PeabodyWithdrawals,19902005
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1990 1991 1992 1993 1994 1995 1996 1997 1998 1999 2000 2001 2002 2003 2004 2005

Figure2.Peabodywithdrawals,19902005.WithdrawaldatafromMacy(2010).
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Peabody and OSM consistently report is that Navajo residents freely take water from the Peabody wells. Recognizingthatthisusageoccursinthecontextofresidentsdrivingautomobilestotheleasearea,fillingwater containersatthePeabodywells,andreturningtotheirhomeswherethewaterisconsumed,itisunreasonableto arguethatthiscomponentaccountsforanythingmorethanaminisculefractionofPeabodyswithdrawals(see,for example,OSMEIS2008,2006,1990;OSMCHIA2008,1989;OSM2006,2004,2000,1998Peabody2002).

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PeabodyWithdrawalsandNAquiferRecharge OSMexplainedthat,becauseatnotimedoesthetotalwithdrawalfromthesystemexceedthe rechargetothesystem(13,000to16,000acrefeetperyear),allimpactsresultingfromthemines withdrawalsareoverestimated(OSMEIS1990:IV24).Assumingthattheconventionalsafeyield waterbudgetmethodologyisappropriatefordeterminingsustainableratesofgroundwater exploitation,considerationoftheUSGSsmostrecentandmostaccurateestimateforrechargetotheN aquiferiswarranted. In1997,theUSGSusedgeochemicalanalysistoreestimateNaquiferrechargeandconcludedthat itrangedfrom2,500to3,500af/y(LopesandHoffman1997).Assumingthisestimateiscorrect,forthe thirtytwowateryearsduringtheperiod19722005(theperiodthatbothBlackMesaandKayenta Mineswerefullyoperational,notincludingwateryear19841985whenwithdrawalsceasedfor6 months,Peabodywithdrawalsaveraged4,150af/y),underthebestcaserechargescenario(3,500af/y), theminedepletedNaquiferstoragebyatotalofnearly21,000acrefeet.Undertheworstcase rechargescenario(2,500af/y),theminedepletedtotalstorageintheNaquiferbynearly53,000acre feet(Figure3).

PeabodyWithdrawalsComparedtothe1997USGSRechargeEstimate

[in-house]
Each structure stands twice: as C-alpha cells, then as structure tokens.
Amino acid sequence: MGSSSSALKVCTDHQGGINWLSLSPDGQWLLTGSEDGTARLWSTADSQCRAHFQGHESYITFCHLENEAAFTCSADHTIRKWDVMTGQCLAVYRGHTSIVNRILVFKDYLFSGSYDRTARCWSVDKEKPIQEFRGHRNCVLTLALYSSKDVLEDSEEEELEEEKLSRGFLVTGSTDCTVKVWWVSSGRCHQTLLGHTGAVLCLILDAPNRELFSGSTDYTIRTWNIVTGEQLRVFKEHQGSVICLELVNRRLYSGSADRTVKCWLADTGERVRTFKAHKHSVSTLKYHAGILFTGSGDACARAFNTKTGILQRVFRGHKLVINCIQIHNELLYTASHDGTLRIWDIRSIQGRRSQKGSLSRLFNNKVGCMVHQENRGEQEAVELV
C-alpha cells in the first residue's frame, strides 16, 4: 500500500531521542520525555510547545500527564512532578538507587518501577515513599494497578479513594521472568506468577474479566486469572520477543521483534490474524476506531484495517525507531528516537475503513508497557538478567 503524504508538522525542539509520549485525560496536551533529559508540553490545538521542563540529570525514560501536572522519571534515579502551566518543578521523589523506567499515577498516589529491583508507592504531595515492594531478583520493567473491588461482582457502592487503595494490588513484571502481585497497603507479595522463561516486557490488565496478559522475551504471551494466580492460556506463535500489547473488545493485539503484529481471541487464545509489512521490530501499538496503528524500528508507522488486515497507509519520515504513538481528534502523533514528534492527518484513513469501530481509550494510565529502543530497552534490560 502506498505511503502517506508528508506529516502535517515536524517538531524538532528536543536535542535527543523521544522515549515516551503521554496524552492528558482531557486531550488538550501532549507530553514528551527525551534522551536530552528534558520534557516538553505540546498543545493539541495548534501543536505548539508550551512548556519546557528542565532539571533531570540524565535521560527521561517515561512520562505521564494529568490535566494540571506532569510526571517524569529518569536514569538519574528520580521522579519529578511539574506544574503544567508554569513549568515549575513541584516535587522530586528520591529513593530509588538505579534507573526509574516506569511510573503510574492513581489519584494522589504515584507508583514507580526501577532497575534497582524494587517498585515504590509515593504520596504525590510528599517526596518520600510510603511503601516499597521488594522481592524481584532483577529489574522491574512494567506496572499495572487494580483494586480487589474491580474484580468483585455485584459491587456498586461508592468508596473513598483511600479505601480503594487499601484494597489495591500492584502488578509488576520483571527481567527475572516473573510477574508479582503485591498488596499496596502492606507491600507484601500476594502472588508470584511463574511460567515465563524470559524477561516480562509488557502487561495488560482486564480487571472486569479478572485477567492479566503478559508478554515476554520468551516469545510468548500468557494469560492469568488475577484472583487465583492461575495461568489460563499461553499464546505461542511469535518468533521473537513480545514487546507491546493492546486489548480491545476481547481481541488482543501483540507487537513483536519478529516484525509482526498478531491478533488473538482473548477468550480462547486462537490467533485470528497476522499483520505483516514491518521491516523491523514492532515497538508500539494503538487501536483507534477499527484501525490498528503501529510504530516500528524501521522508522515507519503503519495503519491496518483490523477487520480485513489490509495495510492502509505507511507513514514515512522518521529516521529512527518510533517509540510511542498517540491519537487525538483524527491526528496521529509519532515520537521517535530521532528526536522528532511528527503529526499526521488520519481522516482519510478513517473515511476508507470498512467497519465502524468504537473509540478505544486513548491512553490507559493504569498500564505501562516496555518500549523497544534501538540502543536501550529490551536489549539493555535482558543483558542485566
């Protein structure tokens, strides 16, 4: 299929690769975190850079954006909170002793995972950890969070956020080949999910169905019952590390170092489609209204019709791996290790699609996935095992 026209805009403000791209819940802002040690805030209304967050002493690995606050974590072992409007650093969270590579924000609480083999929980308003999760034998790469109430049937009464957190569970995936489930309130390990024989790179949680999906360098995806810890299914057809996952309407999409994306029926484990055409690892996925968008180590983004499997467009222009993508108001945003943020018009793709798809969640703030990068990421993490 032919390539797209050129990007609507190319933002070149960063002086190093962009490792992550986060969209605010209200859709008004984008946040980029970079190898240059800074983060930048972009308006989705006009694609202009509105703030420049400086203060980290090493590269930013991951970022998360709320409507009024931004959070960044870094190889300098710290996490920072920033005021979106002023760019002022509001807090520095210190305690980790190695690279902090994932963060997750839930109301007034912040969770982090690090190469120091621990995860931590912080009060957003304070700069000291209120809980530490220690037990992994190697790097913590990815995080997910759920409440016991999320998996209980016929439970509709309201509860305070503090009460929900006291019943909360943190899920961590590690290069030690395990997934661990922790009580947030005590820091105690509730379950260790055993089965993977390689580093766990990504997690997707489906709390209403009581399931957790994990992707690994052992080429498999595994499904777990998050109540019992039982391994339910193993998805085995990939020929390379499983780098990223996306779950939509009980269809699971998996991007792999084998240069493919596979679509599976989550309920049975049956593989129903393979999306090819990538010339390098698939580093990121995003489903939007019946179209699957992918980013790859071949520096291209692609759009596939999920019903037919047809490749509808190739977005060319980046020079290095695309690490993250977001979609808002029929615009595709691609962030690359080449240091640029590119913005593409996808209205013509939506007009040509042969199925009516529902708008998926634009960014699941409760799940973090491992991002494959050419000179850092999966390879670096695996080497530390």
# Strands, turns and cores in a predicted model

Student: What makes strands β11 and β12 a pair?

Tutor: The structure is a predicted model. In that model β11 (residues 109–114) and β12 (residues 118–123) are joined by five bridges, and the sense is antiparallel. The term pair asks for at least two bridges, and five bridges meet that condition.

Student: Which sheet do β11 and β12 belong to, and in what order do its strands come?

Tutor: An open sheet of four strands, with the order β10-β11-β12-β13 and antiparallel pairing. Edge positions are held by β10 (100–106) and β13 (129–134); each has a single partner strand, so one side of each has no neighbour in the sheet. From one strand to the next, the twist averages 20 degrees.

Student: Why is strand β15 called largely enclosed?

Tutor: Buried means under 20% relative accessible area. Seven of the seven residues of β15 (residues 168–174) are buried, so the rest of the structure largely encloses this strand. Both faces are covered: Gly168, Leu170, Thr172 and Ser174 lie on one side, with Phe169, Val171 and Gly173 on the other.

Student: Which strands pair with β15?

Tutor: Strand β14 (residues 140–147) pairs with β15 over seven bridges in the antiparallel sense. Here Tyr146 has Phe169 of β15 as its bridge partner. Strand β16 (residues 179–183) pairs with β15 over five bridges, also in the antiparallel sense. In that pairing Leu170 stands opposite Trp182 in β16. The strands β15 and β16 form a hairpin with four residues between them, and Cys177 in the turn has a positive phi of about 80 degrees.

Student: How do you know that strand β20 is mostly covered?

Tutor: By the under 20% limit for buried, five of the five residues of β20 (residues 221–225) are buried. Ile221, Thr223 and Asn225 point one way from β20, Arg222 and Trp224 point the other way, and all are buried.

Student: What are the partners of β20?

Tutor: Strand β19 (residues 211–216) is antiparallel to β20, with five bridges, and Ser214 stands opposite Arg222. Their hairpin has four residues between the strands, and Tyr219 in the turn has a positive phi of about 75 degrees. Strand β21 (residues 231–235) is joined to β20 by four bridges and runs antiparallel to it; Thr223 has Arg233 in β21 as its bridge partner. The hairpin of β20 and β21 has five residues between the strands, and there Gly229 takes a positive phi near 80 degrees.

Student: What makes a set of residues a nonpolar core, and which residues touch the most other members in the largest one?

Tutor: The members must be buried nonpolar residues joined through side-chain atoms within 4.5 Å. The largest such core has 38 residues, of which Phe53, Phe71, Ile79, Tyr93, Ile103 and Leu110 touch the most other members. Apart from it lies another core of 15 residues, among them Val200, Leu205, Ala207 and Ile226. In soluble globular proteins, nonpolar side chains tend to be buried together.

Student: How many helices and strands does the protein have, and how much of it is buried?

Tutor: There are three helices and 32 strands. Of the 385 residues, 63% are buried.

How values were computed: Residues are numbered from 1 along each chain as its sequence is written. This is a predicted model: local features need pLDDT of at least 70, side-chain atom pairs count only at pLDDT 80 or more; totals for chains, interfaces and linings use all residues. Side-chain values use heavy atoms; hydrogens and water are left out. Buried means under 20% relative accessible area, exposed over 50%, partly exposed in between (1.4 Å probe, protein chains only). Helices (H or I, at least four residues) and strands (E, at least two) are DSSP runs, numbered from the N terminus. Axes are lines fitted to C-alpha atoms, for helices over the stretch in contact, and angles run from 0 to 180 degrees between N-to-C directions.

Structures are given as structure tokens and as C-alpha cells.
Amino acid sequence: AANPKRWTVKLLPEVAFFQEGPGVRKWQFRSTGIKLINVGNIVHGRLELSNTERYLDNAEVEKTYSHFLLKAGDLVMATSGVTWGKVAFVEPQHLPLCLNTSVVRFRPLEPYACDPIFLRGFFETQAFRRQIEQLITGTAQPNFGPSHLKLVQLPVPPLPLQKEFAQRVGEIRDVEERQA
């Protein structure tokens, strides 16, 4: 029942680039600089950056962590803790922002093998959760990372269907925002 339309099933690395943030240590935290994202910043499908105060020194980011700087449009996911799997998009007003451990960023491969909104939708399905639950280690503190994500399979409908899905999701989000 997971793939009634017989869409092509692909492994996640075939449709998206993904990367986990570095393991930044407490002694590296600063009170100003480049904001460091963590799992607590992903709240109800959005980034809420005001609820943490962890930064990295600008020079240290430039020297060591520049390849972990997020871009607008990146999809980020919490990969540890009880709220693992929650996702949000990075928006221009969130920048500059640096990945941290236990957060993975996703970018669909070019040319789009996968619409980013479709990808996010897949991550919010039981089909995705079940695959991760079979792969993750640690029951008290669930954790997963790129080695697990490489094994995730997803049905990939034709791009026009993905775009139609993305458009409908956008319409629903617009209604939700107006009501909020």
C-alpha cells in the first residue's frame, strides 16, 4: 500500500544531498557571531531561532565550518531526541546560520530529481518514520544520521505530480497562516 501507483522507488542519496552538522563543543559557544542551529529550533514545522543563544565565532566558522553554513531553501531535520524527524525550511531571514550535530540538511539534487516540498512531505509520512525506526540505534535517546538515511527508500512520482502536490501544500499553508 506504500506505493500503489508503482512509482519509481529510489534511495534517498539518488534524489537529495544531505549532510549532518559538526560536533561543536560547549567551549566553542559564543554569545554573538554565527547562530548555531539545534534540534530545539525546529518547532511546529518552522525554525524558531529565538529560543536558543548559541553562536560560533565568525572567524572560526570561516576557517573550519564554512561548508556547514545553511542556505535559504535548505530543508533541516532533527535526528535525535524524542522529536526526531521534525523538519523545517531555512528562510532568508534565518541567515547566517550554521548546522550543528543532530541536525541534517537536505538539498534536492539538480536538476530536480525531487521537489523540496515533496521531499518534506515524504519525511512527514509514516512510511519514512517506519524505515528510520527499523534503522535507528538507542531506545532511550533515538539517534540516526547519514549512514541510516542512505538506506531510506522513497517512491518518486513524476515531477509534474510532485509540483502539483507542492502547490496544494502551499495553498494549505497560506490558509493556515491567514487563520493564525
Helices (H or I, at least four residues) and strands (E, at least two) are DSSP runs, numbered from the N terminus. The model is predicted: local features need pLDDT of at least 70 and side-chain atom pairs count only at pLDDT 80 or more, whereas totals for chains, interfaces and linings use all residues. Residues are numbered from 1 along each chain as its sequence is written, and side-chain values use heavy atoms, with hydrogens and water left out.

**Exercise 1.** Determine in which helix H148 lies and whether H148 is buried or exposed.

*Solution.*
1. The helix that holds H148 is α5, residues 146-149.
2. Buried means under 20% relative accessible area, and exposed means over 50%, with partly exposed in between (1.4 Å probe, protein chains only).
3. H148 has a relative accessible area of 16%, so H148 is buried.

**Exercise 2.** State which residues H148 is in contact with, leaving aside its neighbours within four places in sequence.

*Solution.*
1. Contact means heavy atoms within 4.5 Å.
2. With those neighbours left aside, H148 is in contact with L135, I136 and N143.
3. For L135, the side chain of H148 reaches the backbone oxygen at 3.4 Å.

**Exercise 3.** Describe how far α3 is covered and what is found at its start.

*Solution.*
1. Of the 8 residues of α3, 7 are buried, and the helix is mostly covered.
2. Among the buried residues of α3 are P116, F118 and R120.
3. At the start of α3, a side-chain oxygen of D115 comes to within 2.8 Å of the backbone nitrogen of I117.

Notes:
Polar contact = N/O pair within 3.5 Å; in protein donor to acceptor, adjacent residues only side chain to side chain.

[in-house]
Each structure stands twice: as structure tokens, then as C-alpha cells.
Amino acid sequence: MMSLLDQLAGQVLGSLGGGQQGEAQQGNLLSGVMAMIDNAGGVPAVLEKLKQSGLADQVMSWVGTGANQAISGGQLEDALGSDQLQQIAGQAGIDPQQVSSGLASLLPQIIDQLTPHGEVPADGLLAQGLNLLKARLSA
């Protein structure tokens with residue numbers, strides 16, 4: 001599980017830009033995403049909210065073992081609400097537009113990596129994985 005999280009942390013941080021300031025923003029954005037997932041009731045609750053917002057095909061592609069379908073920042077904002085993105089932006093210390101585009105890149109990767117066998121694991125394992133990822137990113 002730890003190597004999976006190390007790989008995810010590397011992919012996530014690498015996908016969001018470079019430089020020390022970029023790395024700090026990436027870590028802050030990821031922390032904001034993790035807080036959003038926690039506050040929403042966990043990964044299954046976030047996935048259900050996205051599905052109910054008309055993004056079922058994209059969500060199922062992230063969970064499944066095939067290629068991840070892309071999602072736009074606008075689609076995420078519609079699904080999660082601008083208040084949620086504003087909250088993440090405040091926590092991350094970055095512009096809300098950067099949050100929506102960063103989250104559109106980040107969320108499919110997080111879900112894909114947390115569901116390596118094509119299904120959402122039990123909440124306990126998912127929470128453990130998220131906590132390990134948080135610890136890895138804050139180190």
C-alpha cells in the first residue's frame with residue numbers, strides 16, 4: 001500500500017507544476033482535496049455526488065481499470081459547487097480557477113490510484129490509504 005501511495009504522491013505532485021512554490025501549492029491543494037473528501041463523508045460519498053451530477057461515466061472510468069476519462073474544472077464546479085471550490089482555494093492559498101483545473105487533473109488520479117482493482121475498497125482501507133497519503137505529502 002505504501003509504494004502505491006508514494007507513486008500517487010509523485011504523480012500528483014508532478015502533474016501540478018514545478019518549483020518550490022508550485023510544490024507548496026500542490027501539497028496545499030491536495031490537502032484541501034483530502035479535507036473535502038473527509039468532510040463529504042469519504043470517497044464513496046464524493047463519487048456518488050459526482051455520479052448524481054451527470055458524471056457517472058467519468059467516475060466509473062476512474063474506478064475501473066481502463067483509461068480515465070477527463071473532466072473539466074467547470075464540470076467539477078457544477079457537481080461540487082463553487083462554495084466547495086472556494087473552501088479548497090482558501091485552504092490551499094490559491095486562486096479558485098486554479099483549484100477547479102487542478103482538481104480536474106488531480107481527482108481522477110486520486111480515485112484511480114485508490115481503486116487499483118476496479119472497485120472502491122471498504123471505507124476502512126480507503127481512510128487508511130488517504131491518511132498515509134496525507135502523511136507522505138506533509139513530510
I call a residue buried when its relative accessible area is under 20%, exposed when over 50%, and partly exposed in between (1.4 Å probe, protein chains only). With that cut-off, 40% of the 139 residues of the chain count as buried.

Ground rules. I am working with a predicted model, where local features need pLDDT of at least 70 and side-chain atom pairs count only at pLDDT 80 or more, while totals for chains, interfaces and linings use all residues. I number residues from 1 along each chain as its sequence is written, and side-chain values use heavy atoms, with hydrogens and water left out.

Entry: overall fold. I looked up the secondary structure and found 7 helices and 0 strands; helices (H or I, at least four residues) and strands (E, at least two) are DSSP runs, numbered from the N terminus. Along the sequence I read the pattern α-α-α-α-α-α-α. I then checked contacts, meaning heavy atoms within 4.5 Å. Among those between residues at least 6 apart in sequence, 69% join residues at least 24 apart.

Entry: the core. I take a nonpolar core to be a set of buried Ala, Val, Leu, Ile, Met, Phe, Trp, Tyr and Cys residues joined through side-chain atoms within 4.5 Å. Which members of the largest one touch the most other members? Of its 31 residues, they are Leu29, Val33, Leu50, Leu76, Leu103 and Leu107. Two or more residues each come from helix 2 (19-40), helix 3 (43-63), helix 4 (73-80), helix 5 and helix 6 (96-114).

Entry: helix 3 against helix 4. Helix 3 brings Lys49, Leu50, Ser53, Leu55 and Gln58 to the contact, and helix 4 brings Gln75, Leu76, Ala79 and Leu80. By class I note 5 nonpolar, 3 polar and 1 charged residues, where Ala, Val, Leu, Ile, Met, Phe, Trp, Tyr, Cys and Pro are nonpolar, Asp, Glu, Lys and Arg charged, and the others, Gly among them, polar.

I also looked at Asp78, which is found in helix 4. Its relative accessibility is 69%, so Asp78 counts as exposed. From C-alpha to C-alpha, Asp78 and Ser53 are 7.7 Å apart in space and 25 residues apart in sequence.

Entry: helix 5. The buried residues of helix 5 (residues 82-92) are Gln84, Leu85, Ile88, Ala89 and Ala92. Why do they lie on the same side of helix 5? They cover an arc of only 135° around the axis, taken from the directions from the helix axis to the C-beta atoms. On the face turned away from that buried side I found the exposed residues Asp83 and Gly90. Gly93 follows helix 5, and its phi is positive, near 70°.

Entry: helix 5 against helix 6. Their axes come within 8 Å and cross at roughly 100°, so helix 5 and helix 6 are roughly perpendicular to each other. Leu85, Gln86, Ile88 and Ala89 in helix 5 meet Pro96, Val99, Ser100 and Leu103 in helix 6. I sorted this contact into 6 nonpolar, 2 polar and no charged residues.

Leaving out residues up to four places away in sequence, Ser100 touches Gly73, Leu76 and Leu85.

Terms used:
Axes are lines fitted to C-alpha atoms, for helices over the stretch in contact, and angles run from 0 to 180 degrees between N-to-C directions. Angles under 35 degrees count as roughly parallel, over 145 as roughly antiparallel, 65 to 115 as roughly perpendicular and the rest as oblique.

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TheWaterBudgetMyth6 Methodologically,thesafeyieldwaterbudgetmethodologyisnotanappropriatemeansfor determiningsustainableratesofgroundwaterexploitation.Infact,theWaterBudgetMythis commonlyreferredtoasanattractivefallacyandaperceptualconveniencethroughoutthescientific literatureinhydrogeology,groundwaterengineeringandmodeling,andnaturalresourcemanagement. Themethodassumesthatifthevolumeofgroundwaterwithdrawnfromanaquiferislessthantherate ofnaturalrecharge,thendevelopmentwillbesustainable;ifwithdrawalsequalrecharge,thendischarge willbestoppedbutstoragewillremainintact,andisthussustainable;andifwithdrawalsexceed recharge,thendischargewillbestopped,storagewillbedepleted,anddevelopmentisnotsustainable (i.e.groundwatermining).However,despitetheapparentlogicofthewaterbudgetparadigm,the methodfloutsthefundamentalprinciplesofhydrogeologicalengineering: Waterresourcescientistsareconcernedthatsomebasicprinciplesarebeingoverlookedby water managers. Perhaps the most common misconception in groundwater hydrology is that a water budget of an area determines the magnitude of possible groundwater development. Several wellknown hydrologists have addressed this misconception and attemptedtodispelit.Somehow,though,itpersistsandcontinuestocolordecisionsbythe watermanagementcommunity.(Bredehoeftetal.1982) AccordingtotheU.S.GeologicalSurvey,thewaterbudgetparadigmisanoversimplificationofthe informationthatisneededtounderstandtheeffectsofdevelopingagroundwatersystemApre developmentwaterbudgetbyitselfisoflimitedvalueindeterminingtheamountofgroundwaterthat canbewithdrawnonasustainedbasis(Alleyetal.1999). BalleauandMayer(1988)explainthatItwouldbehydrologicallyinaccurateandeconomically inefficienttoignorethetransitionperiodandtoassumethatgroundwaterisonlyoftwotypes:100 percentminedor100percentrecharged.Nonetheless,policydecisionmakerspreferthemethod becauseitsmathematicalprecisionimpliesexpertconsensusregardingsustainablegroundwater exploitation(Ludwigetal.1993). Whileempiricalprecisionishelpfulinwinningpoliticalbuyin,publicinterestsarenotwellserved byadoptinganattractivefallacythatthenaturalrechargeraterepresentsasaferateofyield(Balleau andMayer1988).